Wednesday, August 25, 2010

The 'Under the Desert' Vortex

'Under the Desert' will open tomorrow night on The Thompson Ledge, at 8p, dusk, and will run for four consecutive nights. The process has been arduous, but currently, in the tornado of doing the play, I'm always at my happiest. Contrary to believing the play was finished, (after twenty years of first writing it) I've been able to find even more changes and lots of editing. I am once again broke and hungry, but as the writer Hubert Selby once said, "Art doesn't just cost you something, it costs you everything…" At this point in my life that statement seems redundant, and as I've been told, boorish at this stage in my life. Thank God, however, for the Jackson Pollock biography that Sean brought, (reading it has been the only way I can go to sleep at night). Still, at this early morning hour, I feel all the years of experience coming to play, as we have created a beautiful theatre piece on the top of a sand rock mesa, right out in the desert the way I saw it in a dream. We have battled the elements—rain, wind, hornets, (Tracee, the actress, was stung three times on the first day) wasps, stickers, wind, and a four wheel drive road that is partially washed out by the rain. We lived on peanut butter for a couple of days. We ran out of propane for three days, and have had some faulty equipment. We have all thought of quitting at one point or another, but there is a wonderful rhythm that emerged from somehow getting up the mountain to our rehearsals. The set is built out of twenty-five foot tepee poles, and two canvases from the tepee of an old Apache man. The equipment had to be taken up, piece by piece. The actual stage space is contained in a rock circle that was built as a yin and yang art piece by an artist from Germany. The trail leading to the theatre had to be excavated through sage brush and thistle. the electricity strung across the desert landscape for two hundred yards. My foot has a thorn that has migrated up into my foot, so I've been limping my way to the end. Thunderstorms are in the forecast, and the end of August wind is bringing the temperatures to coolish levels in the evenings. I've had to hire a four wheel drive transportation person, or my audience will have to walk up the long and winding road. (picture the road to Dracula's castle, no offense meant to Anselm, the owner of the mesa and modest castle). Ants, sawing down pinon and cedar tree branches to clear trails around the stage, a sometimes blinding sun, all create the art piece that is 'Under the Desert'. It will be beautiful, (and already is) and is once again, costing everything, can it get more exciting? I think not! Someone catch me though, at the end of all this. Our Saturday night dinner show, is sold out, and I am convinced that anyone who misses this show is missing an event that will never exist in this way again. Once again, my two cousins, Camille and Cheryl have come through in such a big way, and also the community of Boulder. My brother Dan has kept me laughing throughout, as we sit in the back of Peter and Tina's small four wheeled drive pick-up while coming down the mountain. I was fortunate to get Mollie and Claire, my two stage managers, as they are the 'best' stage managers I think I've ever had. (and both tough Boulder girls, which this project would not have existed without). Mom, the Boulder theatre saga continues. Dad, I can feel your spirit and laughter, in that amused way. Aunt LaRae, you have been a huge help, especially up there on the Thompson, which you know so well…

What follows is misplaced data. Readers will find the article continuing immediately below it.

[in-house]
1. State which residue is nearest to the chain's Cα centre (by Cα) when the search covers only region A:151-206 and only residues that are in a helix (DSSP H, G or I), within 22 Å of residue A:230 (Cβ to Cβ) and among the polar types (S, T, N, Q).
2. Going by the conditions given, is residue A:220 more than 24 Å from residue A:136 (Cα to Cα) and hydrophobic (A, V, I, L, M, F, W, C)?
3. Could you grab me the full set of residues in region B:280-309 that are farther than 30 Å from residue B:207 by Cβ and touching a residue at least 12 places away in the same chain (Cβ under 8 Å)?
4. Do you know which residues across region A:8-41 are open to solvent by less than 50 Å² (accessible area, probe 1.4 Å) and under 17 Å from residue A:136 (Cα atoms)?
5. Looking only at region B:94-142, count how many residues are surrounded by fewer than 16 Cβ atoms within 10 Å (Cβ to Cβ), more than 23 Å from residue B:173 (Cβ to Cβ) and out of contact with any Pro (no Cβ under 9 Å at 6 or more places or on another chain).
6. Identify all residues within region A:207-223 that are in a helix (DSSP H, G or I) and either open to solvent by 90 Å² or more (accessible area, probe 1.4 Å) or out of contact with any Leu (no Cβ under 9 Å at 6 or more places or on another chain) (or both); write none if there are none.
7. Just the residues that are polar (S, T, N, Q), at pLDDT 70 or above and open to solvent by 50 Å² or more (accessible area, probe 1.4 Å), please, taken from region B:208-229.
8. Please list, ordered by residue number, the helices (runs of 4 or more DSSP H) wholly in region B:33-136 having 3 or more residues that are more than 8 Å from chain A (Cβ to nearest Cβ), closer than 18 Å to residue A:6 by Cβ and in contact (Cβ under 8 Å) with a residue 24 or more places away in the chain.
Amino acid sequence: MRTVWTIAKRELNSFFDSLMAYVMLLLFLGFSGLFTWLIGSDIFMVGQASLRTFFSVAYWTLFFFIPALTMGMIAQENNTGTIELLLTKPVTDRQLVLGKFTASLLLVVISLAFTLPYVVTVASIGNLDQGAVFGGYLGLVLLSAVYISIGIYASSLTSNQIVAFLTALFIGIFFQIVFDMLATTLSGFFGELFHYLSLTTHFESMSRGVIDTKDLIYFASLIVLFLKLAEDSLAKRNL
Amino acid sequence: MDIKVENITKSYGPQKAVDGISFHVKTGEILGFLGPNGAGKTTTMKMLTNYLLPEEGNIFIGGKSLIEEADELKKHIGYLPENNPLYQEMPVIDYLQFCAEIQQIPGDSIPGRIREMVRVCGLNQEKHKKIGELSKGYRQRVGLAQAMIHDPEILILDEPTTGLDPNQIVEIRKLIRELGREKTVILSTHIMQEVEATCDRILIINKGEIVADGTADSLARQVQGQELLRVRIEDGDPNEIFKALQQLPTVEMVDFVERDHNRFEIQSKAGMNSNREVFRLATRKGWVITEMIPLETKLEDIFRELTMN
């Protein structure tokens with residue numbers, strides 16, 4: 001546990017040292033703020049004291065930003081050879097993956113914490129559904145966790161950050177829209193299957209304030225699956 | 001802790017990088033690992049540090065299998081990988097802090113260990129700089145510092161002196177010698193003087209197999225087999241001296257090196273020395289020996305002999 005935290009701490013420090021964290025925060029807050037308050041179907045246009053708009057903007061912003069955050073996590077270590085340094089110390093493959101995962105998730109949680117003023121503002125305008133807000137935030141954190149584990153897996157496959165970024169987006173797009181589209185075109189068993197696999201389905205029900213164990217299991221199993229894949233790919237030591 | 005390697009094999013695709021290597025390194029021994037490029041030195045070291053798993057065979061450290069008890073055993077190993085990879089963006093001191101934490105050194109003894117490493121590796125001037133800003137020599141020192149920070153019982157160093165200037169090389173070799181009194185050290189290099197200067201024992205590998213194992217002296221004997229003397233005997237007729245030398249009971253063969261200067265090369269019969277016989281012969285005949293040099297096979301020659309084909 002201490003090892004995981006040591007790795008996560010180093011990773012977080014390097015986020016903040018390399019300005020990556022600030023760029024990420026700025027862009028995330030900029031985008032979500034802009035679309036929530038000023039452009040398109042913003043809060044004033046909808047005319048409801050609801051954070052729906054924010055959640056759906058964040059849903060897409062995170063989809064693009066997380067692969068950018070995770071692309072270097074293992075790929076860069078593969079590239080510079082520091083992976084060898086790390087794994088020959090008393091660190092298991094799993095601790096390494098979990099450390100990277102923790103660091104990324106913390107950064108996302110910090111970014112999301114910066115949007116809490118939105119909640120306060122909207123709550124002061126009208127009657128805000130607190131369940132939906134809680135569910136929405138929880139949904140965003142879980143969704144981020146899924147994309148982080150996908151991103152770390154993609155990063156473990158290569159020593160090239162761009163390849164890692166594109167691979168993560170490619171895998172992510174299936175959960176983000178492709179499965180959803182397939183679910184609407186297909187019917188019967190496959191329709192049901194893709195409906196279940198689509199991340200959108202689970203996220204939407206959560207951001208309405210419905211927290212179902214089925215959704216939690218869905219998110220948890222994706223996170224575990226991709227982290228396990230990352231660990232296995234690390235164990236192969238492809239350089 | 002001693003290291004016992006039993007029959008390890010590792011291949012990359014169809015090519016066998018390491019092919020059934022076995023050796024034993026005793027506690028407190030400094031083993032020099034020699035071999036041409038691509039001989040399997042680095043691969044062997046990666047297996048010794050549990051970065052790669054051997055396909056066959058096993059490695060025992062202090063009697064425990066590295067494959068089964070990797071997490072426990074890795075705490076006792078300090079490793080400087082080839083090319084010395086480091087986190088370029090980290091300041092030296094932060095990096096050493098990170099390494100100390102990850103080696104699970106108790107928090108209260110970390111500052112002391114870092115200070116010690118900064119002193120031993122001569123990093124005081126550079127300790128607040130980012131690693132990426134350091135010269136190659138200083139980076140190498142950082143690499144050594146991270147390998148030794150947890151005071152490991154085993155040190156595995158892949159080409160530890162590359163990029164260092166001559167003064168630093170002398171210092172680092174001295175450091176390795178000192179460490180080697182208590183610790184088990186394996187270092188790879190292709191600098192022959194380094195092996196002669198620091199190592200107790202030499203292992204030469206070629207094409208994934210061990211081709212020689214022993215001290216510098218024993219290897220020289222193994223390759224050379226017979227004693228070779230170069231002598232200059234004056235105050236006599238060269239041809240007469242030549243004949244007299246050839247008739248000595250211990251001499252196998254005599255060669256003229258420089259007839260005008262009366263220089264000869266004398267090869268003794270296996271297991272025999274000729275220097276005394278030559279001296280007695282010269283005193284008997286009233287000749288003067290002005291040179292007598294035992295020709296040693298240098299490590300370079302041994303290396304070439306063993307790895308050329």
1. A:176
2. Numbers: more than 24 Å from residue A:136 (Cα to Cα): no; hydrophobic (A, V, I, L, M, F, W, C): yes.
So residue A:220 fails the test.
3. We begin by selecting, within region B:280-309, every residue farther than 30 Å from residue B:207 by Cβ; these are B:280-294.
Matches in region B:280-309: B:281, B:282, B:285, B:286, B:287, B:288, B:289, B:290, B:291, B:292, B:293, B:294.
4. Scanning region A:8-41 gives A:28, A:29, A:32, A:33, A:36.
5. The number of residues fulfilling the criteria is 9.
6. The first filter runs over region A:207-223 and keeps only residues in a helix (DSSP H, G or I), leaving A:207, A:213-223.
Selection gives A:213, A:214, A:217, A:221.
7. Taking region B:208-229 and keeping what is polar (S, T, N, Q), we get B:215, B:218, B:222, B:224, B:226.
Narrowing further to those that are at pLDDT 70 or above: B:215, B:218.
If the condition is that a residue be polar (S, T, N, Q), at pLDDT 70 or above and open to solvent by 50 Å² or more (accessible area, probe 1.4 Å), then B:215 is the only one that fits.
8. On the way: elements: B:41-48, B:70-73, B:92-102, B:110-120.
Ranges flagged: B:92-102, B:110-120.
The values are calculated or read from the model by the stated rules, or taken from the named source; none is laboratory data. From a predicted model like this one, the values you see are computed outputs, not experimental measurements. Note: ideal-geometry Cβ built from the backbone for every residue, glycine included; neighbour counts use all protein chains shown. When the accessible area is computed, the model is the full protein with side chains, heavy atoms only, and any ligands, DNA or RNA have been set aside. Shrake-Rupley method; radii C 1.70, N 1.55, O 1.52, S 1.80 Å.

I'll write more about the process at the end, and I'll let you know how it plays, but for now, there is a dimmer pack to fix, and a program to be fashioned, and as always, a price to pay, but hell, someone has to do it… Hello to Diana, my inspiration…and let me tell you, IT IS a rodeo…

6 comments:

Gerry said...

Goodness sakes, I have heard so many rumours by e-mail that I couldnot make out what was happening, but it is very good to get the word out of the very mouth of the playwright and creator of one more great theater event. The drama continues. Sounds like a drama worth seeing! I know you are happy even if you go hungry sometimes for the sake of your art! You are giving real meaning to the term 'poor starving artist.'

Renee said...

This production sounds amazing. Please share pictures.

Chuckh said...

Holy shit! Seems the older you get the tougher you are, Mr. Nails! Don't worry, we'll catch you after the fall...or how about before the fall?

caroline said...

Yes! did you see that I put up a blurb for the play on the Boulder Mountain Lodge FB page?
Do you want Dennis to bring his camera this time, too?

kanyonlandking-annk.blogspot.com said...

Wow, once again to climb up Thompson ledge where coyotes and sand money is made. You seem just to find sand money! My grandkids caught the spirit of making sand money...something abut that! I will love seeing your production.

Gerry said...

I forgot to say I was worried about the thorn in your foot. As a mother I directed you to soak your foot in soapy water warm at least twice a day to cut down on the possibility of infection! Infection is an occupational hazard of the poor and homeless. I hope you will not get rain on your parade tonight. I laugh everytime I think of this play taking place on the top of Thompson's ledge. This is so like you, somewhow. Your account reminds me of all the dramas your ancestors lived through when they were running cattle on top of the Bounds and King benches, and the time your Grandpa King made me go help him move some cattle up a steep little trail to Sinking Water Bench to take advantage of snow up there and with him shouting I crowded the cattle on my horse until they pushed one heifer off bawling all the way down the canyon to her death. Oh, I would love to see this play, you don't know how like your wild cowboy ancestors you really are!